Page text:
In every business there is a contention between those perceived as “Producers” (who make things), “Facilitators” (who help make things happen), and “Constrainers” (who help prevent things from happening). Problems occur when these perceptions are misapplied or mischaracterized to people or groups. More significant problems arise when worse perceptions are applied to people and groups we work with.
The results – in particular, between development and software testing – are destructive to our projects, careers and businesses. This article will help you understand and re-align the perceptions that get in the way of a truly productive relationship between software testers and developers.
Let’s first look at a few typical functional perceptions examples:
- Software Development (produce software)
- Manufacturing (produce things)
- Sales (produce revenue)
- Software Testing (facilitate development)
- Supply Chain/Purchasing (facilitate manufacturing)
- Marketing (facilitate sales)
- Legal/Regulatory/Compliance (prevent harmful actions)
- IT Security (prevent harmful hacking)
- Finance/Accounting (prevent harmful spending)
In virtually all organizations the Producers receive the majority of attention because their work most visibly affects revenue and growth; without Producers a company cannot exist. Frequently people argue that Producers receive a disproportionate amount of attention and budget. As someone who is at various times a Producer, Facilitator and Constrainer, I would have to agree with that argument.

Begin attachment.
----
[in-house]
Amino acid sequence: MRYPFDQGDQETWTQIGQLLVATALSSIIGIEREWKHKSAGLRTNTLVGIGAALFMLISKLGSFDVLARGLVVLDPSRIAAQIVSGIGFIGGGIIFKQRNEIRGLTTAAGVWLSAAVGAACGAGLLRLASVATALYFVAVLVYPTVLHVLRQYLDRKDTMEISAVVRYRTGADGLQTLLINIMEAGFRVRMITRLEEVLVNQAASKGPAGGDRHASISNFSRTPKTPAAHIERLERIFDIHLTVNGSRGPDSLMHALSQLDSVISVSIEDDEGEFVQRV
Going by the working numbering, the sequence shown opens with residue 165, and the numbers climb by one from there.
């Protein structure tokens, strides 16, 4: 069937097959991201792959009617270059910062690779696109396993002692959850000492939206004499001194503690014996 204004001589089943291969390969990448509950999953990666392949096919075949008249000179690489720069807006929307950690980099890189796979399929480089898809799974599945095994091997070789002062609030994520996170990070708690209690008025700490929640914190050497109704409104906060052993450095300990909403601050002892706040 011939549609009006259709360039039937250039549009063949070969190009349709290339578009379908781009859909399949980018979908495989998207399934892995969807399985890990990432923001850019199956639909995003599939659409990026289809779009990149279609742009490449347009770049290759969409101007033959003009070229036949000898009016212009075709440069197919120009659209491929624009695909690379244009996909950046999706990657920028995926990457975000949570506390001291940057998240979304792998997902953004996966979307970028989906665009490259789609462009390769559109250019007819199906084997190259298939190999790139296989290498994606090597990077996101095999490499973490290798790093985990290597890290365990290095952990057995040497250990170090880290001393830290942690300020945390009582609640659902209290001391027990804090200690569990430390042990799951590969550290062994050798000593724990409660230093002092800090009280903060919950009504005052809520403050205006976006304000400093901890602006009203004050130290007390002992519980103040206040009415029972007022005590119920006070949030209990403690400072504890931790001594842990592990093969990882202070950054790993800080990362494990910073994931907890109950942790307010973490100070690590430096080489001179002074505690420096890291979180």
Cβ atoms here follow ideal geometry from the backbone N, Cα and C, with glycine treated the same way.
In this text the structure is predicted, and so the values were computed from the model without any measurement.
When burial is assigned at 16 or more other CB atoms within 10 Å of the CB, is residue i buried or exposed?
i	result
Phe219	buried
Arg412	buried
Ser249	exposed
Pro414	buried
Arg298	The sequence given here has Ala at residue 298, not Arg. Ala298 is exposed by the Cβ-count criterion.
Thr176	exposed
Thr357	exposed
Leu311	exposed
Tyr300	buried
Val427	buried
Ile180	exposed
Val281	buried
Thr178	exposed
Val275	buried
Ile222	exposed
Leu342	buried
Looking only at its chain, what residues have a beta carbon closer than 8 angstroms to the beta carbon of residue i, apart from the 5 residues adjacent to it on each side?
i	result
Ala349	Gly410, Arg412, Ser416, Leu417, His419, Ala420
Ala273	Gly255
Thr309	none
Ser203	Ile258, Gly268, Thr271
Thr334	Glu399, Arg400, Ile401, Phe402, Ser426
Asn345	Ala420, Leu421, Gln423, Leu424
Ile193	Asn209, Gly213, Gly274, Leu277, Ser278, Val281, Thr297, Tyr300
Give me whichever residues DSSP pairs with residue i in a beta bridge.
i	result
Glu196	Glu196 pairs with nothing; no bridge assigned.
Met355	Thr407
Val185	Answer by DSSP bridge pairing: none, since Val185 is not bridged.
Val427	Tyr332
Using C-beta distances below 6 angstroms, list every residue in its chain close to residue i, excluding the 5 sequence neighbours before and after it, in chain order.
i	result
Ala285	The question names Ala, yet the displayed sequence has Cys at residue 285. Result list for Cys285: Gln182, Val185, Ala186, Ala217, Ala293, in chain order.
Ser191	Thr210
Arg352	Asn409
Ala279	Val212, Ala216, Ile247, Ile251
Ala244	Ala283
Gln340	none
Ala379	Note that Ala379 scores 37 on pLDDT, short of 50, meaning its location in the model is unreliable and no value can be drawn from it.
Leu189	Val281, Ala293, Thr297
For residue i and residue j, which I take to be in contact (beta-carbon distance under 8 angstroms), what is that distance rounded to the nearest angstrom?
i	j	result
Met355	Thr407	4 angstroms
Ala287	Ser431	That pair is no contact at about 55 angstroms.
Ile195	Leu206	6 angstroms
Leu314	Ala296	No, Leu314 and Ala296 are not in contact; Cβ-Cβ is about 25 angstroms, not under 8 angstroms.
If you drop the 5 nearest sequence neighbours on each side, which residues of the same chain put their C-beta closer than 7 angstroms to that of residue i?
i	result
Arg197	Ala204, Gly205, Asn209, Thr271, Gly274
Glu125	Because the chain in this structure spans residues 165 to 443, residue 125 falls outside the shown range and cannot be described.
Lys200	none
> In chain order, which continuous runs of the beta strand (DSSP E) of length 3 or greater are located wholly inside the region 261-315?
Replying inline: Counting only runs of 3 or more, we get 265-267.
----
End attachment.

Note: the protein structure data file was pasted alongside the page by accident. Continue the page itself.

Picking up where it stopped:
But the reality is clear, even for the perceptions listed above:
- Buggy software will destroy the reputation of the company and revenue will disappear.
- If supply chain/purchasing doesn’t provide the materials, manufacturing cannot take
- If marketing materials and advertising are not deployed, sales will fail and no revenue
will be generated.
- If legal/regulatory/compliance requirements are not adhered to, the company will be
sued or fined out of business.
- If IT security doesn’t protect systems, then attacks can cause both the problems of
sales loss and legal issues to occur.
- If Finance/Accounting doesn’t manage cash flow and investment, there will be no money
to operate and there will be more legal and compliance issues.
We can see that all three categories are requisite for the survival and success of any company. The complications are when they are misapplied.
The gap between developers and software testing is a perfect illustration of perceptions that affect at the personal, departmental and company levels. Fortunately, if we address the perceptions we can reduce the gap between the groups that challenges our success.
Perceptions: Software Testers View of Developers
Developers are, like carpenters or manufacturing workers, Producers of product. Requirements are ordered, code is built. But as in any profession, the Producers can acquire a reputation as a Master Craftsperson — or more colloquially, a “rock star.” That title is a double-edged sword, as while it implies great capability of performance it also implies a high-maintenance, prima donna persona.